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Hofstra Northwell School of Medicine

Faculty Home

Faculty Development Tips

November 2016:Twelve tips for incorporating educational theory into teaching practices

June 2016:Twelve tips on writing abstracts and titles: How to get people to use and cite your work.

February 2016:Twelve tips for getting your manuscript published
Six laws of Learning

July 2015:Twelve tips for teaching evidence-based physical examination

April 2015:Twelve tips for increasing transfer of training from faculty development programs

December 2014: Twelve tips for teaching with ultrasound in the undergrad curriculum


October 2014: Twelve tips for a successful interprofessional team-based high-fidelity simulation education session


June 2014: Twelve Tips for using social media as a Medical Educator


Past Tips


  • December 2013 : How we Learn and How we Teach

    Think about the most important lessons learned in life.
    Write one on the front of six index cards.
    On the back write as much you can remember about the circumstances surrounded that event.
    Looked for patterns—things those learning events had in common.
    Where did they happen? In school or in less formal settings? How many involved teachers? What kind of feelings accompanied the learning? Was the learning hard? Was it planned or did it evolve out of unexpected circumstances? How often was the learning about correcting a misunderstanding, gaining a new insight, or deepening a current understanding? The index card activity is a great exercise. It's a way to get thinking about the kind of learning that lasts…thinking about the implications of how we've learned in terms of how we could or should teach.

    By Maryellen Weimer, PhD, reference: White, Harold B. (2013). Do you teach the way you learn? Biochemistry and Molecular Biology Education, 41 (3), 187-188.

  • November 2013: How to Provide Effective Feedback

    Providing Effective Feedback: Tips

    The following recommendations for providing feedback are based on the classic article entitled, Feedback in Clinical Education, by Jack Ende (1983).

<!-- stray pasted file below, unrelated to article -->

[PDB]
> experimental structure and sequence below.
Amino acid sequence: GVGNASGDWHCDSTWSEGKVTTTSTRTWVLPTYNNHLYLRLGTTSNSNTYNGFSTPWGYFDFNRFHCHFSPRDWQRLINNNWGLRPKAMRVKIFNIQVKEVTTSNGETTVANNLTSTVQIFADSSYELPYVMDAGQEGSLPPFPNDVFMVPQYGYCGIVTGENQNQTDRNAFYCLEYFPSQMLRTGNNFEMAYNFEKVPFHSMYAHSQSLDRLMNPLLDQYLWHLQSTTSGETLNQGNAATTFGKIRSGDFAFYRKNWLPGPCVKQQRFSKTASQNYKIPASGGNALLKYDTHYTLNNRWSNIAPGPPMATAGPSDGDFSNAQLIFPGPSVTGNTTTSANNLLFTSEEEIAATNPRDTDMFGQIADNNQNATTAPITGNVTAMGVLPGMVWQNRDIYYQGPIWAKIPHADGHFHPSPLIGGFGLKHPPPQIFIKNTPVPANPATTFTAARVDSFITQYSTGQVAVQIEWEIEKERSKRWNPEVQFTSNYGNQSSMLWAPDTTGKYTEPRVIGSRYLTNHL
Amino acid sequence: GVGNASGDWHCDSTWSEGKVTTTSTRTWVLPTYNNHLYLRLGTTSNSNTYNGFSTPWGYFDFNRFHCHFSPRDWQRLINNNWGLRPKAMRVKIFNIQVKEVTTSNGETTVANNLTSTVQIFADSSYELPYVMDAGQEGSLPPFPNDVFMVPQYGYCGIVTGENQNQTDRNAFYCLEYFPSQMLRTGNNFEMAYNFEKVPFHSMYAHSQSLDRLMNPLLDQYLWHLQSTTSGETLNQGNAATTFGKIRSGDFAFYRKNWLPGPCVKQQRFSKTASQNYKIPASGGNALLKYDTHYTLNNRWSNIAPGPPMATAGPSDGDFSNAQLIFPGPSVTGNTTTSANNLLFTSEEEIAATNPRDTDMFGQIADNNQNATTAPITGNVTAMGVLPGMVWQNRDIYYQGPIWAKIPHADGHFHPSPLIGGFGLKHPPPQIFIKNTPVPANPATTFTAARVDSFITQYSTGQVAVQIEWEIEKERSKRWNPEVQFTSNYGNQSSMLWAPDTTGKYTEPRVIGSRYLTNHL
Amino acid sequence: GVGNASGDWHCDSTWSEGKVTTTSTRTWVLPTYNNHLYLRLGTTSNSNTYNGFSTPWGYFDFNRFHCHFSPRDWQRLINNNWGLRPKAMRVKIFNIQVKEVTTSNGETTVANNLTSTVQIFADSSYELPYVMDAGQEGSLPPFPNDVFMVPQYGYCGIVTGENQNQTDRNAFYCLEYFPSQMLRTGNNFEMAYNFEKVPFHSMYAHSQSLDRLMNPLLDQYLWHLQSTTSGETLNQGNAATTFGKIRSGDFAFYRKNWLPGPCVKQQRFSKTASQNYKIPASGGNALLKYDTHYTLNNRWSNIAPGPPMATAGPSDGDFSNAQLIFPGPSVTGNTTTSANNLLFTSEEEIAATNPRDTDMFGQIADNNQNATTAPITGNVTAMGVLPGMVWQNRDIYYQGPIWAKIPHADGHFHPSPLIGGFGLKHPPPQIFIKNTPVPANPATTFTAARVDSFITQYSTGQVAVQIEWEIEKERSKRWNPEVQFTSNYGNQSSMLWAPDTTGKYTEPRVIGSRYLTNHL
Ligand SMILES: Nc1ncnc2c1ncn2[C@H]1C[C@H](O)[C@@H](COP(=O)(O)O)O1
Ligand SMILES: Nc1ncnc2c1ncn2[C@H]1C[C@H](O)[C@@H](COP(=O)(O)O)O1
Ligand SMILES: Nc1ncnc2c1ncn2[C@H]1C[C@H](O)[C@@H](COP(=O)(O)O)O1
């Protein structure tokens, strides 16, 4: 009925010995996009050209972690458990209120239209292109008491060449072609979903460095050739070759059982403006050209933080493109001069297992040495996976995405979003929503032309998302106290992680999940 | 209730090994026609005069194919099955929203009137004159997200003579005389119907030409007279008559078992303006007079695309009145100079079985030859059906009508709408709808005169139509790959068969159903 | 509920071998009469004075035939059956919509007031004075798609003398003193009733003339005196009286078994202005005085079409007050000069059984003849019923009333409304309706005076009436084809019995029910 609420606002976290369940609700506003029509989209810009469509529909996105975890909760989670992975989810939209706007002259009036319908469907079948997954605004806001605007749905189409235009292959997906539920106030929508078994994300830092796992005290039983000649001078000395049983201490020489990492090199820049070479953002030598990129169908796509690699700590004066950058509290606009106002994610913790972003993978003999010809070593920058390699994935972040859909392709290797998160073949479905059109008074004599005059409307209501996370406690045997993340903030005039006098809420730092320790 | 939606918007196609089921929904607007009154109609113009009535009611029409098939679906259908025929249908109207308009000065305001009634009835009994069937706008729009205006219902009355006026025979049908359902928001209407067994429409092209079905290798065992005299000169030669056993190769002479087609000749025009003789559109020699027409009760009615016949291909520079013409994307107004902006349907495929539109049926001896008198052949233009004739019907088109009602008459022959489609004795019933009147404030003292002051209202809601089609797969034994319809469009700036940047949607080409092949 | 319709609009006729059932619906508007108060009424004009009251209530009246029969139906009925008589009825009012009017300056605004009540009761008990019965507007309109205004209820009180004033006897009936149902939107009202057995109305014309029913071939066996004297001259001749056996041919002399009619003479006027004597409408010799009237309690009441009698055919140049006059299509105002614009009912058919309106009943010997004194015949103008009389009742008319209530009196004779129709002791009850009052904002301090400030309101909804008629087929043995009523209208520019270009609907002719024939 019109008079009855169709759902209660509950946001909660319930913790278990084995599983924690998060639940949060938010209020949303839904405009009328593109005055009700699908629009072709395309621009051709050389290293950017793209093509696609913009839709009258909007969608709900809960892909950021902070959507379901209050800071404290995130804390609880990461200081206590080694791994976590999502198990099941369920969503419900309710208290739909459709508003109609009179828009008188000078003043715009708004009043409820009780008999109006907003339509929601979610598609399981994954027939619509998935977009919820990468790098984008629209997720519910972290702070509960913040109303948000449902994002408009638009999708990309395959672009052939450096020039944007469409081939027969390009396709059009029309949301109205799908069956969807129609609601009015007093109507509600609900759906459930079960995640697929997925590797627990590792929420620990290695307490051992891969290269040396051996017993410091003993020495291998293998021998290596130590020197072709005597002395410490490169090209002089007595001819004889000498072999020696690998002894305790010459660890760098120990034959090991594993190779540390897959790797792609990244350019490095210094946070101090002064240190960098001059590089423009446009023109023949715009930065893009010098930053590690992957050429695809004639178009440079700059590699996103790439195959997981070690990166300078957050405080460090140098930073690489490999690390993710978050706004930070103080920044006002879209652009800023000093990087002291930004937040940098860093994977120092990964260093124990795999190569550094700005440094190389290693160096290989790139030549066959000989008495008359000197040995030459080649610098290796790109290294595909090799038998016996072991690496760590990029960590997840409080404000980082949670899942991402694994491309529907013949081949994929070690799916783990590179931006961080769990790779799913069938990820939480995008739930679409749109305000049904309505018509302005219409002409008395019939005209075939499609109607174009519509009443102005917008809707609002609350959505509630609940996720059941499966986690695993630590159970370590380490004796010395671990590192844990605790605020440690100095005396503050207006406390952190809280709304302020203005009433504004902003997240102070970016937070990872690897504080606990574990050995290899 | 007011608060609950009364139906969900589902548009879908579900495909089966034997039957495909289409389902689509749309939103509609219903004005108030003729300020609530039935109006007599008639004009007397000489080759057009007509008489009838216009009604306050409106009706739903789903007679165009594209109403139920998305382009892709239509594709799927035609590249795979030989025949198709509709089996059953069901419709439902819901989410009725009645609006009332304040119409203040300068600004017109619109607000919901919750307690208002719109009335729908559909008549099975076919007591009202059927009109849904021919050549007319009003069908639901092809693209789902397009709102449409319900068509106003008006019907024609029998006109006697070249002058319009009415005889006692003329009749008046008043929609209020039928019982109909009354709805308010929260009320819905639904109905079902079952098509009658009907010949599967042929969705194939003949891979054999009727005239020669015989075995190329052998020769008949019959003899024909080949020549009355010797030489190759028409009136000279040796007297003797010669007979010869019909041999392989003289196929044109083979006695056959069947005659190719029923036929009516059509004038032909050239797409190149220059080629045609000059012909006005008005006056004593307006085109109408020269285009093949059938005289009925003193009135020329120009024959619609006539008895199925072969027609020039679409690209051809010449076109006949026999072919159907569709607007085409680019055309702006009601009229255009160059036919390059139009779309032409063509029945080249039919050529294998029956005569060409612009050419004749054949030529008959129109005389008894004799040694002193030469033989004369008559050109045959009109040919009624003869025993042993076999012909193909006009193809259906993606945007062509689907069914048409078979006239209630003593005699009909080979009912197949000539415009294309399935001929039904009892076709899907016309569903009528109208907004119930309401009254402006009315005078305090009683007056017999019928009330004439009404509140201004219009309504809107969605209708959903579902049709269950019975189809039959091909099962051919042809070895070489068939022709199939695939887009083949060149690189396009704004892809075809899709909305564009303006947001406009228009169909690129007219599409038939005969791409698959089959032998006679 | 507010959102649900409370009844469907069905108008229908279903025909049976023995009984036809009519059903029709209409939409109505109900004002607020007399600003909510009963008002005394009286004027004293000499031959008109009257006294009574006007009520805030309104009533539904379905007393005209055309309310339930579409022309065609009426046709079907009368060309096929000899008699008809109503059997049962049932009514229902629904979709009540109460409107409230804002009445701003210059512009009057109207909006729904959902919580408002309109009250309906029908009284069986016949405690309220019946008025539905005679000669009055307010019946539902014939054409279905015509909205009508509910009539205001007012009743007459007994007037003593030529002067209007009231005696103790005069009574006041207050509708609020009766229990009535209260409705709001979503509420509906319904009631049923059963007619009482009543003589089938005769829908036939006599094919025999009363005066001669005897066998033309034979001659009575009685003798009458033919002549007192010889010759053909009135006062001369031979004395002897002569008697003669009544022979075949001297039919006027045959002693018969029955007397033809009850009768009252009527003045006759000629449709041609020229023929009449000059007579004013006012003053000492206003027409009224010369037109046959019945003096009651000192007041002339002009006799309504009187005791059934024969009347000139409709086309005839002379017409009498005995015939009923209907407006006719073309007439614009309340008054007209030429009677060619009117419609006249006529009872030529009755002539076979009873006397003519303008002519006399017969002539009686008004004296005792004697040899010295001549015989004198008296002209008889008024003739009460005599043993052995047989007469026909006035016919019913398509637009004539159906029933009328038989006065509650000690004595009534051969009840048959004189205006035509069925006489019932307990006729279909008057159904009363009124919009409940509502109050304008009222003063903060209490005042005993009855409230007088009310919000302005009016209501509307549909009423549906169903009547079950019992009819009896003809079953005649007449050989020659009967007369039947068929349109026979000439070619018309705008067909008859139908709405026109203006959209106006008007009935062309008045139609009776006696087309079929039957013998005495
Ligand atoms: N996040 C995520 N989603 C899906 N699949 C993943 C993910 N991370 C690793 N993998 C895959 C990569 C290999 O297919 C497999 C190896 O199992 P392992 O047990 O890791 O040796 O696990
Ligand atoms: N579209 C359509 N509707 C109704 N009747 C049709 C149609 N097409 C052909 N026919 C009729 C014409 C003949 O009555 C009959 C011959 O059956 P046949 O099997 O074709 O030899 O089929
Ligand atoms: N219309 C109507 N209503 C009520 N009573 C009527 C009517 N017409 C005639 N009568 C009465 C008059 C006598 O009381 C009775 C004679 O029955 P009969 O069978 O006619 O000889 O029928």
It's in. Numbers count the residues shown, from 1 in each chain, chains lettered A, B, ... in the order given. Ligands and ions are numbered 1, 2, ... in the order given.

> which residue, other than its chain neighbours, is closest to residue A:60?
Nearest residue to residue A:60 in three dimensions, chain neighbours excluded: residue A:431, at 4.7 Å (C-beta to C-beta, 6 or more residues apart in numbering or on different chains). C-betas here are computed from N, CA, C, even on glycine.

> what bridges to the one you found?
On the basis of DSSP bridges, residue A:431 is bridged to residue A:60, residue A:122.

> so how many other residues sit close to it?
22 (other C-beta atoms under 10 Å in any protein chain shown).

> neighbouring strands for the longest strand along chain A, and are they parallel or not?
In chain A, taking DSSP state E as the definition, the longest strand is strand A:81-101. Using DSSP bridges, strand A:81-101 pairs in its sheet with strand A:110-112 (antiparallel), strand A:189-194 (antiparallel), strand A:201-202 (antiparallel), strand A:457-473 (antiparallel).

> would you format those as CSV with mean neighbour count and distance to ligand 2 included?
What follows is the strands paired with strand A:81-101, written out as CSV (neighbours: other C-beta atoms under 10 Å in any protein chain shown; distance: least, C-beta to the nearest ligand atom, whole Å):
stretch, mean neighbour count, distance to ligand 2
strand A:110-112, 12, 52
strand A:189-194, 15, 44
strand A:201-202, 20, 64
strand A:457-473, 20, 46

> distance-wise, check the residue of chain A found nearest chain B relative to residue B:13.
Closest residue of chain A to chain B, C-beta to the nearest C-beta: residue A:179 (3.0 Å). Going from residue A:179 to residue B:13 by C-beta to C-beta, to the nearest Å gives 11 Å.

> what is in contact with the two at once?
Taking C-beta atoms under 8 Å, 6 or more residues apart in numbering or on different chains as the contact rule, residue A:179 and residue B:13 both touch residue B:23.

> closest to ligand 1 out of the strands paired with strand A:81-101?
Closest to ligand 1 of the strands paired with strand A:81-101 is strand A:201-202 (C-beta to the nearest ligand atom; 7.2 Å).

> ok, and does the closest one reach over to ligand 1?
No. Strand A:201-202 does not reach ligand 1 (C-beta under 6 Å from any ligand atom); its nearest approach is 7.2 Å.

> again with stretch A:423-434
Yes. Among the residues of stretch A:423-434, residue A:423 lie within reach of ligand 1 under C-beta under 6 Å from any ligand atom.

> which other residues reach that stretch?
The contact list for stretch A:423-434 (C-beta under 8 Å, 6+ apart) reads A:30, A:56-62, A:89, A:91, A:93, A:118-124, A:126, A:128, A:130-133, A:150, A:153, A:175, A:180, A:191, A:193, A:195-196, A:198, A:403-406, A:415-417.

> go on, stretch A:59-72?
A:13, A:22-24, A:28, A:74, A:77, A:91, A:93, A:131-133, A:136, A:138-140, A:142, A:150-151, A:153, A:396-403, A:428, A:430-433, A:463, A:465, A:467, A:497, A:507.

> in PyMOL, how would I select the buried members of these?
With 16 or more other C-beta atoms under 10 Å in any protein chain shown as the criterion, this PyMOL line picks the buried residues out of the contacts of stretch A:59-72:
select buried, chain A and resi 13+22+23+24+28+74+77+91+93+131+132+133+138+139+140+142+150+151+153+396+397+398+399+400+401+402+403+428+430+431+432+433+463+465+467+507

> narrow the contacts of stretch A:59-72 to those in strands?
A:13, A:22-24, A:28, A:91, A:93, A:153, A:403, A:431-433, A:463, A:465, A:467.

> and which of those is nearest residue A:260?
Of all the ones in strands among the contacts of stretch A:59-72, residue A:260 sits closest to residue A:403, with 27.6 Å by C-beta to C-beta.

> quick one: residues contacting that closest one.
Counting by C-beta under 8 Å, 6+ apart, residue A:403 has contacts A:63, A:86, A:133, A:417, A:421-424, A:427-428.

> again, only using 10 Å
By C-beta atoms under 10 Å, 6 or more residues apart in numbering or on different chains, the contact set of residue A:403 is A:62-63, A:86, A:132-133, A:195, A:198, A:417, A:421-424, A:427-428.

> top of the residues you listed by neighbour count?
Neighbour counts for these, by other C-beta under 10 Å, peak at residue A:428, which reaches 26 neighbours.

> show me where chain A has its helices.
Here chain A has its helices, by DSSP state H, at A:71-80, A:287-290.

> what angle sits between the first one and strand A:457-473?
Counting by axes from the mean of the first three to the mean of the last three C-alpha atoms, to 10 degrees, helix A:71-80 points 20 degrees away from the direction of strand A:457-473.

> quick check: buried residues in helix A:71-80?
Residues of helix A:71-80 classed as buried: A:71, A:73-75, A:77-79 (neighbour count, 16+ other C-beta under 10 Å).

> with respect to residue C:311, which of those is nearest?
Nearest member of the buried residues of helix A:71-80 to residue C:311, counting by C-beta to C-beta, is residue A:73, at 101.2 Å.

• Self-Assessment: Before giving feedback, ask the learner to self-assess. The teacher might say, "How do you think you did?"
    • Balanced: Provide both positive and critical comments. Begin with the positive comments, then specify where something needs changed, and then end with encouragement. This is called the feedback sandwich.
    • Well-Timed: Feedback should be given close to the time of the performance. Immediate feedback is usually best.
    • Descriptive & Specific: focus on what the student did, not on personal characteristics. Generalizations such as, "That was a good presentation" are not helpful. The reinforcement is okay but the teacher should also say why the case presentation was good.
    • Regularly Provided: Feedback should not be a surprise. it is often provided only when the learner has done something wrong. Establishing a routine of regular feedback prevents this.
    • References and Resources Courtesy of Dr. Steve Davis, Ph.D., Director, Office of Faculty Development of Ohio University Heritage College of Osteopathic Medicine.
  • August 2013: Student Comments: Moving from Participation to Contribution

  • March 2013: Successful & Unsuccessful Teaching Principles To Improve Medical Education

    http://www.oucom.ohiou.edu/fd/Successful%20Tch%20Poster.pdf [PDF]

    The Tip of the Month is courtesy of Ohio University Heritage College of Osteopathic Medicine, Office of Faculty Development, Stephen S. Davis PhD, Director, daviss2@ohio.edu

  • February 2013: Using Goodreader to Keep Journal Articles Organzied, Aid Research

    The App Of The Week is a new feature of Faculty Focus written by Dave Yearwood, PhD, associate professor and chair of the technology department at the University of North Dakota.